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Georgia Tech’s EcoCAR team had a great Spring Workshop, but the runup to the event was no picnic. For weeks leading up to the EPA testing, team members lost sleep getting the car back to life after two major issues threatened to sideline the vehicle.

First, electrical group members moved the Engine Control Module (ECM) into the new location where it would have less vibration, less wire clutter and less abrasion on the wiring conduit. The work seemed innocuous initially, but when they plugged the connectors back into the ECM and powered up the 12V disconnect, a fused popped, causing the vehicle to lose internal network communications and accessory power.

The team suspected the cause of the issue was wiring, so they spent two weeks stripping the conduits off the wiring harness, inspecting every wire going into the ECM, checking continuity in every pinout of the ECM connectors and reviewing the specification to see if any feature in ECM which would trigger this. They also shipped the ECM to General Motors for an inspection, but GM mentors informed the team that the component had no issues.

At a regular electrical group meeting only a few weeks prior to the Spring Workshop, the group was inspecting the new connectors GM had shipped when team member Carlos Cubero-Ponce ran in holding his laptop. He pointed at the schematic picture and revealed to the team’s shock that there was a simple answer to their electrical issue. The J1 connector was plugged in the wrong direction! Behind the pile of engineering documentations, the team had taken for granted that the connectors cannot be plugged in upside down.

Just days after resolving the ECM issue, Georgia Tech encountered another problem when an input shaft snapped off their 2-Mode transmission during testing. This required the team to replace the entire transmission, but luckily one arrived from GM without a day to spare. The team was able to make the proper adjustments to their vehicle and ship it off to the Spring Workshop just in the nick of time!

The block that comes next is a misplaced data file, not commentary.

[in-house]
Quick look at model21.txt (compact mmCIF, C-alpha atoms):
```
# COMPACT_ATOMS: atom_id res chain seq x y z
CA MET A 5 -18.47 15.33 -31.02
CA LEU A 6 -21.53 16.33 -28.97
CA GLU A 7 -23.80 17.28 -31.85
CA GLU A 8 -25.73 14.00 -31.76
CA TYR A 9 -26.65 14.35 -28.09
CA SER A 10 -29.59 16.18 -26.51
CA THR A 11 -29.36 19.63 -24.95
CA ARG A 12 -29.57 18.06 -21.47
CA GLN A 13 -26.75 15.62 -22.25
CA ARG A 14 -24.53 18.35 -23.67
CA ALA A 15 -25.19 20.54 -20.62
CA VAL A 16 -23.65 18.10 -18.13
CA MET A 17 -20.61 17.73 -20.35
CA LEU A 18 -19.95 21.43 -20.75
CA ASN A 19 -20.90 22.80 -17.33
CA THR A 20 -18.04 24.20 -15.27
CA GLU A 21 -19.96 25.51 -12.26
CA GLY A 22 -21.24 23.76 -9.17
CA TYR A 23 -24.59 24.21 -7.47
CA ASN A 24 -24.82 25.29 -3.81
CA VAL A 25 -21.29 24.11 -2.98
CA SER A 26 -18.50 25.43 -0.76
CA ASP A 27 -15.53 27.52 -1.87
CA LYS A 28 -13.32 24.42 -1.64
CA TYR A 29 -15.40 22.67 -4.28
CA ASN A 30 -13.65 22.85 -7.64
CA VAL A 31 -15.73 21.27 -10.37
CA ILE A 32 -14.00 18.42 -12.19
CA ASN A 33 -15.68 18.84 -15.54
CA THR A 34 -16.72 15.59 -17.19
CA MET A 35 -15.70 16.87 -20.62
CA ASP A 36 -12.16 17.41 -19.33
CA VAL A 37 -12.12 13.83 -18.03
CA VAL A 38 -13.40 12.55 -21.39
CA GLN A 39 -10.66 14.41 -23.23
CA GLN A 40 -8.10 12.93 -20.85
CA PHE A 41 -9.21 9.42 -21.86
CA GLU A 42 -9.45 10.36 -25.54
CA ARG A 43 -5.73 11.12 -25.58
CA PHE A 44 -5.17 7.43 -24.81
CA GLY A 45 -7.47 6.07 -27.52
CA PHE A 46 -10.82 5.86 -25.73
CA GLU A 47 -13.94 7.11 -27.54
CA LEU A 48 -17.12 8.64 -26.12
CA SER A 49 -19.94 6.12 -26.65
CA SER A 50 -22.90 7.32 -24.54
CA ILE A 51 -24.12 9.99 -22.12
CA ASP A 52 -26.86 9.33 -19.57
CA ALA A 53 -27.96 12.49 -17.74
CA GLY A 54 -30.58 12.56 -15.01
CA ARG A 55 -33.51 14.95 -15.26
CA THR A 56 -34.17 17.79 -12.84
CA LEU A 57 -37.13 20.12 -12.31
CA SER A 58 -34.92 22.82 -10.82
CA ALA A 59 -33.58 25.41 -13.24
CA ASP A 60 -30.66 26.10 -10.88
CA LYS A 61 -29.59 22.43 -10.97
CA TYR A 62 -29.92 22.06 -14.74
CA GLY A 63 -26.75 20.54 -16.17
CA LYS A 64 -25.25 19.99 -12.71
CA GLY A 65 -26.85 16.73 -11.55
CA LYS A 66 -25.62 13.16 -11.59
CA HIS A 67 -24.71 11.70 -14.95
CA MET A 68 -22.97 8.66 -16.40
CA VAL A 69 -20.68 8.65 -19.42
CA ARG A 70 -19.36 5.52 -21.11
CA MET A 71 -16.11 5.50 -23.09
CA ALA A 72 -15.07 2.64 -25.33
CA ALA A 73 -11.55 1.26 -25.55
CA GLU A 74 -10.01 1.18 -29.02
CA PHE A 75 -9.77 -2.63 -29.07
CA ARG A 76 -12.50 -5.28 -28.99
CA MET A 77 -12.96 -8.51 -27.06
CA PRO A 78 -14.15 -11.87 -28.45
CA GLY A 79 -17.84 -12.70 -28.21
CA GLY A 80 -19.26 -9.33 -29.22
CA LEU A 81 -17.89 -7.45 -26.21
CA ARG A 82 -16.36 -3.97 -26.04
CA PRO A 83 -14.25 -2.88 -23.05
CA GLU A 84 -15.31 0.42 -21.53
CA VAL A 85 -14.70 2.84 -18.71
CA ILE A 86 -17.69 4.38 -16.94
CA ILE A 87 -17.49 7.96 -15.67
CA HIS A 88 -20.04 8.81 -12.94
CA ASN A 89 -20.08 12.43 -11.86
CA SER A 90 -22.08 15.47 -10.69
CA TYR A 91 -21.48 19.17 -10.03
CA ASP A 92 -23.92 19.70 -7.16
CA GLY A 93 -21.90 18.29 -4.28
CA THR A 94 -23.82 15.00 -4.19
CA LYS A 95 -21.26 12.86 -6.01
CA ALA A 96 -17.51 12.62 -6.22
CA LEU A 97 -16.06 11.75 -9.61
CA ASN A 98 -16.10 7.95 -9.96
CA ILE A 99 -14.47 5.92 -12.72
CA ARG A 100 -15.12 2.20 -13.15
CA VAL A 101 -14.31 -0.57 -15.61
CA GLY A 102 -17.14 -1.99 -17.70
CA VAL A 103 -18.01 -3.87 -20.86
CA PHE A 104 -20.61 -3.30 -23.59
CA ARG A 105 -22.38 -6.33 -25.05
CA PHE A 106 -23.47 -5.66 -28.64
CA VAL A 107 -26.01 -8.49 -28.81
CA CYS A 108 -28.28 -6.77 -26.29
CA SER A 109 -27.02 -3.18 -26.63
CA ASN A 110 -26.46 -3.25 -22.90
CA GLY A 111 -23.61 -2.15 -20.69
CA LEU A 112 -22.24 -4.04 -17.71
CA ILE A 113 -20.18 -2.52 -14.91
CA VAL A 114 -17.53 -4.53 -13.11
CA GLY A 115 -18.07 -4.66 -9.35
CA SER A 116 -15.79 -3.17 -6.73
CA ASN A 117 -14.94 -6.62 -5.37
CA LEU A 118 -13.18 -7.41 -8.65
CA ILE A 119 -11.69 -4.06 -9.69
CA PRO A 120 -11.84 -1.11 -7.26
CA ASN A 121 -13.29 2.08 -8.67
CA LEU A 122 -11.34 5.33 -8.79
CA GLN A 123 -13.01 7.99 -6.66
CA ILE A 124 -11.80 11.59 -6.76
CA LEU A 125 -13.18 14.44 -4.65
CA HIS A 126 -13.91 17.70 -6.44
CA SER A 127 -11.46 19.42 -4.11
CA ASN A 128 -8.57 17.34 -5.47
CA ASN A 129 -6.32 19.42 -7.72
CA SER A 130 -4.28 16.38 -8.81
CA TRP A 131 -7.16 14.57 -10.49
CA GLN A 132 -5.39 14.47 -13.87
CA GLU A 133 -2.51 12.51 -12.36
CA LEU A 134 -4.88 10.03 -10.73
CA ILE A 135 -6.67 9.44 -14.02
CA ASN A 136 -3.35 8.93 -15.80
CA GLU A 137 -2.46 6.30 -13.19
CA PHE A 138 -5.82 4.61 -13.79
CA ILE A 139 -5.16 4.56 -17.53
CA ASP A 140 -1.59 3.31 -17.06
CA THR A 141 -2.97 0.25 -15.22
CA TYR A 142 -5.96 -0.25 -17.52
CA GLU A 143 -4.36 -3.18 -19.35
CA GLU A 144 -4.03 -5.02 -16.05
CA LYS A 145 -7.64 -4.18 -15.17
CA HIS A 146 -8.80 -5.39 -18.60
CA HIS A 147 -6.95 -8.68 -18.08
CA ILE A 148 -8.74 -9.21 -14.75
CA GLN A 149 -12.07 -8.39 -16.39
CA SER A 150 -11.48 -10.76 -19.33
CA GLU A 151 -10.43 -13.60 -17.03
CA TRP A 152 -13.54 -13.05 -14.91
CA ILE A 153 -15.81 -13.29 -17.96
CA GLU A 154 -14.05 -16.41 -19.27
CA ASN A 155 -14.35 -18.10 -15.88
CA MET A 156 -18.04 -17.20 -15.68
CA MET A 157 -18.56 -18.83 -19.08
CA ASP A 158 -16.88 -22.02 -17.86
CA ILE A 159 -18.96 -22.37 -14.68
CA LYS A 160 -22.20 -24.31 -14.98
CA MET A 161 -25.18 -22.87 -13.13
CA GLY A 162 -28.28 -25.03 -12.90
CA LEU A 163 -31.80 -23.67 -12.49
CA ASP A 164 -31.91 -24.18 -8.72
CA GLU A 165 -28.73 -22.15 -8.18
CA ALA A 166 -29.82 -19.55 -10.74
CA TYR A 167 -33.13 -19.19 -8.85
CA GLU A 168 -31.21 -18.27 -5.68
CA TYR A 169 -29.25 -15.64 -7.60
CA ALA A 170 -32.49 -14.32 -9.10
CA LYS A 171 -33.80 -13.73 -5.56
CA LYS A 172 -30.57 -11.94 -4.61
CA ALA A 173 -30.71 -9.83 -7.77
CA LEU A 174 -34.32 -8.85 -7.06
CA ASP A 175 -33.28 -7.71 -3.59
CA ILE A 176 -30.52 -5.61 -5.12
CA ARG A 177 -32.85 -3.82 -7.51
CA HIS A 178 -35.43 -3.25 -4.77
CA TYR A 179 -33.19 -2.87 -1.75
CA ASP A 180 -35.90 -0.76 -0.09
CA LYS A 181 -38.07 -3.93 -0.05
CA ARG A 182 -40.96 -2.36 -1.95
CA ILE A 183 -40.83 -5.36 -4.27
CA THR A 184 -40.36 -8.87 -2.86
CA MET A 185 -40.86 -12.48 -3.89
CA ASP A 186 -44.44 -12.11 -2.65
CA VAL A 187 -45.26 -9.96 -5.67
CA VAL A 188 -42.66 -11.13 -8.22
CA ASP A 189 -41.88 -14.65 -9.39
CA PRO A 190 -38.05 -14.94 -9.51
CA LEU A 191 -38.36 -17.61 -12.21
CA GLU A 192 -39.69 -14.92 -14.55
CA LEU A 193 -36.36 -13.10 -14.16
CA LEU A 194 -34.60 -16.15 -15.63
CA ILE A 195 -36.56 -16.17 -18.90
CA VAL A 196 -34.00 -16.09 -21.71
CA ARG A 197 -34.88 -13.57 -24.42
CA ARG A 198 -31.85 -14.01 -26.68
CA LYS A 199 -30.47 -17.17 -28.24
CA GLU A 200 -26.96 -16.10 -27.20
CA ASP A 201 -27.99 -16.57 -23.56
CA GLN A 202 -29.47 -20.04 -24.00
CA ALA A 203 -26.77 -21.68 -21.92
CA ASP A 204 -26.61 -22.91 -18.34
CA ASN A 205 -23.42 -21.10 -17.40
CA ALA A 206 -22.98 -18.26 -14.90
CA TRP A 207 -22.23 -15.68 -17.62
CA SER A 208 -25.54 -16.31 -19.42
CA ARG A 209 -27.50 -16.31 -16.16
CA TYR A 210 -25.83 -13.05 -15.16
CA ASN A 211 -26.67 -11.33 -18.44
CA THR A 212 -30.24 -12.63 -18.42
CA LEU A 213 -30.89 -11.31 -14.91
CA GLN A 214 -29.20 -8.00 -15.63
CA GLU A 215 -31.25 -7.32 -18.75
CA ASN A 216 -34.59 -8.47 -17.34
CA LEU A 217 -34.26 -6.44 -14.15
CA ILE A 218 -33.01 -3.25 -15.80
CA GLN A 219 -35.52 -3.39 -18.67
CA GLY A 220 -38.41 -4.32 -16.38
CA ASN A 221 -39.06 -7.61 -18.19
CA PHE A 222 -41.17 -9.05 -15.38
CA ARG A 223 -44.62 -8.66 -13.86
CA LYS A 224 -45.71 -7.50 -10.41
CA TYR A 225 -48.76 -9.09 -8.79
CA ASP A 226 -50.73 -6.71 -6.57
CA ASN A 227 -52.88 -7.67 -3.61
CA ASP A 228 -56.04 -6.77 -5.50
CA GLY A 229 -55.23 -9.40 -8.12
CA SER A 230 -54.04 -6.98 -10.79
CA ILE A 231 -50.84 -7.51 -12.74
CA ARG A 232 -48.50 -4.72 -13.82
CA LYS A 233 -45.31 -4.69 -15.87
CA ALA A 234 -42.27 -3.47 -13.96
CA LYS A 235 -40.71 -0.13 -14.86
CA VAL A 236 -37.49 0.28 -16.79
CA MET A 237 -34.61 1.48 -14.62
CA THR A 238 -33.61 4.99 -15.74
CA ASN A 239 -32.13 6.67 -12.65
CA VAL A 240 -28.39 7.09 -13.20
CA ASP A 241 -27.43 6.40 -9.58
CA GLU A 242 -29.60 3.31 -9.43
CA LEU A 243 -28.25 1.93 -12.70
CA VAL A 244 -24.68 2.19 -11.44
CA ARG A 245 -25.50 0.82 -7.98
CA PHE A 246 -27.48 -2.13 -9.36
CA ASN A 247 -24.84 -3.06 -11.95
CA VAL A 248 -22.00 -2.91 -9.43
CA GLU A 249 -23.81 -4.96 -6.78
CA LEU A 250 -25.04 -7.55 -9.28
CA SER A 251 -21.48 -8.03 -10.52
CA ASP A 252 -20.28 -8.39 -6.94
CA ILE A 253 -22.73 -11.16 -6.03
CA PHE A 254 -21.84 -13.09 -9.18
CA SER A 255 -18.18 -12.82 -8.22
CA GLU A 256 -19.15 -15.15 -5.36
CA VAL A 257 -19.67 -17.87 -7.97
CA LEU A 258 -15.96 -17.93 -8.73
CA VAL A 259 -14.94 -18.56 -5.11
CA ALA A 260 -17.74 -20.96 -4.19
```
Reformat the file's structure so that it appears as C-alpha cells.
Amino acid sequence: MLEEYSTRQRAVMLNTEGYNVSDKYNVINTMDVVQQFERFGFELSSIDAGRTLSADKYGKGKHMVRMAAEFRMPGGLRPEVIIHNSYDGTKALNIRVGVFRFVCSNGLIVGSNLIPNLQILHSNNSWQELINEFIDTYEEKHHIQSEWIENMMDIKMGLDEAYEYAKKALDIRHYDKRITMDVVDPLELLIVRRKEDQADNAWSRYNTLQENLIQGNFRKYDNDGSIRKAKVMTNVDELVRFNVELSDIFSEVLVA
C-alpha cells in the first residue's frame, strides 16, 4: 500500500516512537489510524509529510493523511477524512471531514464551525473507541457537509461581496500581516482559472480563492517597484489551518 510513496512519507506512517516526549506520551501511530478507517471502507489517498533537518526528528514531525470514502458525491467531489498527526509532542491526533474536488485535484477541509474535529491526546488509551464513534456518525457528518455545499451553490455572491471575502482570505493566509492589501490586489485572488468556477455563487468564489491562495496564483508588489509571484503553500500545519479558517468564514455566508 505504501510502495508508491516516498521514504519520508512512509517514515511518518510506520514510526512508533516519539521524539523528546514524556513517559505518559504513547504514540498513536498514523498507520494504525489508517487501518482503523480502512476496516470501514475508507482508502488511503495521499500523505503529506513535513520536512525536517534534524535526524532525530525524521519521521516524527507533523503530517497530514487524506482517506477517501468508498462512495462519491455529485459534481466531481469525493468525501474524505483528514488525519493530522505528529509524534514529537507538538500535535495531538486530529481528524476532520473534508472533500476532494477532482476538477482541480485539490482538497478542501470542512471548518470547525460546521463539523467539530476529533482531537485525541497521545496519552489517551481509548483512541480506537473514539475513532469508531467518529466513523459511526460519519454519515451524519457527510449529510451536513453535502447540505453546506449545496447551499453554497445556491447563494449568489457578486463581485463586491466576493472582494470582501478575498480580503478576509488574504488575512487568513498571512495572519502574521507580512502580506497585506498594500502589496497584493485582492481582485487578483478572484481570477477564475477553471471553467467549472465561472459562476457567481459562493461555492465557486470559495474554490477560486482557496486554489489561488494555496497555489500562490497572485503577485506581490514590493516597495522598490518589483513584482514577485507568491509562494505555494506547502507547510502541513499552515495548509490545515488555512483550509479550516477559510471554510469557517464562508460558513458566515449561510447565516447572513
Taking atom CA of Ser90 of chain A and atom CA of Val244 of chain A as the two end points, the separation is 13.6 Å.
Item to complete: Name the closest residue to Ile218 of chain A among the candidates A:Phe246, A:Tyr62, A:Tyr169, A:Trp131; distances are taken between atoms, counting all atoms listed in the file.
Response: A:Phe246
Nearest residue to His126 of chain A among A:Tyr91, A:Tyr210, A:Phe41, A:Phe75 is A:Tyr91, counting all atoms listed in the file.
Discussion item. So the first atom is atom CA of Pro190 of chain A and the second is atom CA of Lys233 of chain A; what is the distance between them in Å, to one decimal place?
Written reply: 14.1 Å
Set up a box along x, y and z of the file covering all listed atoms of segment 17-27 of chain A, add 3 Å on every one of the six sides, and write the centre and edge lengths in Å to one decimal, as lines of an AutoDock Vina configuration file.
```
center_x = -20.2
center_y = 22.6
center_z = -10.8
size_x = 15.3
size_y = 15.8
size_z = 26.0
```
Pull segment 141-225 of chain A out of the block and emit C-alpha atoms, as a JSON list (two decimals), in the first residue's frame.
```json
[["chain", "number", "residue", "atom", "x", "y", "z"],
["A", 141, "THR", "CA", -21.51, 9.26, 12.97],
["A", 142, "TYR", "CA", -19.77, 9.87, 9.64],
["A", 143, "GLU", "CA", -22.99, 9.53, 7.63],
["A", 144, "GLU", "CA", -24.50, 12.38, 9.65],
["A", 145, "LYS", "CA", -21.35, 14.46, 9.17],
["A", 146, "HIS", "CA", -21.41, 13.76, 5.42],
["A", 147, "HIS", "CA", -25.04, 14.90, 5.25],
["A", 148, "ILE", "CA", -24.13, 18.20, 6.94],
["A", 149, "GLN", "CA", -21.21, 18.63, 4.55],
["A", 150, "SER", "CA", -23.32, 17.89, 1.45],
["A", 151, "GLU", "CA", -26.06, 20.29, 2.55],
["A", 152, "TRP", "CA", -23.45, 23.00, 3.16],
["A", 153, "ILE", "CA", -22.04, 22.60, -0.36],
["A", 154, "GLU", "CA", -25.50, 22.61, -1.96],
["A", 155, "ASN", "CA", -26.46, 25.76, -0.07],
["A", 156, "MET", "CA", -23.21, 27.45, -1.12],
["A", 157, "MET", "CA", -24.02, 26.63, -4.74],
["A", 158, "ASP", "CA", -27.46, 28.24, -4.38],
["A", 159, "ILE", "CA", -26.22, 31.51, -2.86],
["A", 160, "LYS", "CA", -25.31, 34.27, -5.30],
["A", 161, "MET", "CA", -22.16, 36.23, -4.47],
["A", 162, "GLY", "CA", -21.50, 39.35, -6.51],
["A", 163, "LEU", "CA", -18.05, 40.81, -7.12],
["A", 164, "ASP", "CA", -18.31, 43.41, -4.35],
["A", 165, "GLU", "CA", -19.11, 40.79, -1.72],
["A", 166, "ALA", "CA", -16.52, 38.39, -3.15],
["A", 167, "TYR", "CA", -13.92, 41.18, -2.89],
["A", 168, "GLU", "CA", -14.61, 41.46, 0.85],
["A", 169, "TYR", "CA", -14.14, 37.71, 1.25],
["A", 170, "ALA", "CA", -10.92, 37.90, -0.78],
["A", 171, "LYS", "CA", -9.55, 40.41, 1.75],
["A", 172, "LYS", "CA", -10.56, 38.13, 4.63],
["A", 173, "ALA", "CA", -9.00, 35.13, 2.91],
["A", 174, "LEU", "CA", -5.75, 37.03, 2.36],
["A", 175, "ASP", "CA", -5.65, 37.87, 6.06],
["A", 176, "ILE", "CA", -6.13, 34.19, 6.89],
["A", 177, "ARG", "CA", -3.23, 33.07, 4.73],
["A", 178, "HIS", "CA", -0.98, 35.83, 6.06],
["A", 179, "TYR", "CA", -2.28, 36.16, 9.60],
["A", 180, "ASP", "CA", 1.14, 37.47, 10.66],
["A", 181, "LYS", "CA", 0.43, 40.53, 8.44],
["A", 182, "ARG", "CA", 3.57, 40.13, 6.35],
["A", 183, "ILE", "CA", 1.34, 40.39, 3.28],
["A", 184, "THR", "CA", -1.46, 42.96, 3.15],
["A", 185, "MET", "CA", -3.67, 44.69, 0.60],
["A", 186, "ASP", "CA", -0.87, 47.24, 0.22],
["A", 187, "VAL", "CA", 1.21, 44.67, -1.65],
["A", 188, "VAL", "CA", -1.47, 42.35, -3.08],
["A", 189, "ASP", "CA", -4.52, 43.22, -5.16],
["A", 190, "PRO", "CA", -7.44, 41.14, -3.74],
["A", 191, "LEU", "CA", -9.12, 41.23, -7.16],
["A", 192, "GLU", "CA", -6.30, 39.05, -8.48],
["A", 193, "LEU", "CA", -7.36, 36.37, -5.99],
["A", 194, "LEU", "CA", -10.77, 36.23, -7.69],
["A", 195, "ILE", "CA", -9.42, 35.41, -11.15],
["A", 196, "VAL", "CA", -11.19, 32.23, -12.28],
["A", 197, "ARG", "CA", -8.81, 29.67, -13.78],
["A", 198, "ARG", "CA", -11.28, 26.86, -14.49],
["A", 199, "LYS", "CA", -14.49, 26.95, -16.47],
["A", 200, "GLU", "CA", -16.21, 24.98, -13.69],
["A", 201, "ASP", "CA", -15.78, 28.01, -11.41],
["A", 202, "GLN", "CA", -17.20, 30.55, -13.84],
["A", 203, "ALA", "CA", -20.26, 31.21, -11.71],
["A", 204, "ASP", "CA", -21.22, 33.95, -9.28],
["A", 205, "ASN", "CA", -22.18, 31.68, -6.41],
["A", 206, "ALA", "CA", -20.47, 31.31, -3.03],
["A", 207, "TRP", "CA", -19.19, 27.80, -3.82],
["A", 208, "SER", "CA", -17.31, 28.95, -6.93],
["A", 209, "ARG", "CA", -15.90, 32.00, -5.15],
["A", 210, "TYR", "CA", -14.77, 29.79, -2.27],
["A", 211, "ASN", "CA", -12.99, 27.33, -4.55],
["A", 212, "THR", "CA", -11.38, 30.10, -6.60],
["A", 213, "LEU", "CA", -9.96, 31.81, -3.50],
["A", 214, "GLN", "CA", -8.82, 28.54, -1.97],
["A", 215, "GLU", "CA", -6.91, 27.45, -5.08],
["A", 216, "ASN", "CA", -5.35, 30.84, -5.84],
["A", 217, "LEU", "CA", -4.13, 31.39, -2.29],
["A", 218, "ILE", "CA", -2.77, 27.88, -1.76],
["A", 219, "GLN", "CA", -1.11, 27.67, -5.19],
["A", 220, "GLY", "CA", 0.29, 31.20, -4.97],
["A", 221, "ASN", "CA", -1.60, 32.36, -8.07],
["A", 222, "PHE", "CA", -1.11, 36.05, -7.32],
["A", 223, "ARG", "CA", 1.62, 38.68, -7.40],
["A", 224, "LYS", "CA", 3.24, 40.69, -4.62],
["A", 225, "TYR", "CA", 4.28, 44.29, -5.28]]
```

The Georgia Tech team has done a lot of exciting work on their EcoCAR’s control system lately. The vehicle has been drivable for several months now and the drive quality was recently improved by updating accelerator pedal mapping in accordance with AVL recommendations.

The group has held multiple conference calls with General Motors and other 2Mode teams to share ideas and help resolve issues they’ve encountered as they attempt to get the maximum capabilities out of their transmission. Currently Georgia Tech is in the progress of test-driving in EVT2, the second hybrid mode available in their transmission, and they hope to resolve the issue of keeping the engine off for electric-only operation within the next couple of weeks.

The team also expects to add more refinements to their control strategy in order to boost performance for the Spring Workshop.

Stay tuned to read about how the team fares in Ann Arbor!

Recently, Kary Winkler and Jesse Richuso, members of the Georgia Tech EcoCAR outreach team, visited Creekside Middle School in Georgia.

GT OCs Kary Winkler and Jesse Richuso

GT OCs Kary Winkler and Jesse Richuso

Kary and Jesse were very excited to be greeted by the happy faces of 8th grade life sciences students. The two GT outreach team members taught the middle schoolers about alternative fuels and advanced technology vehicles.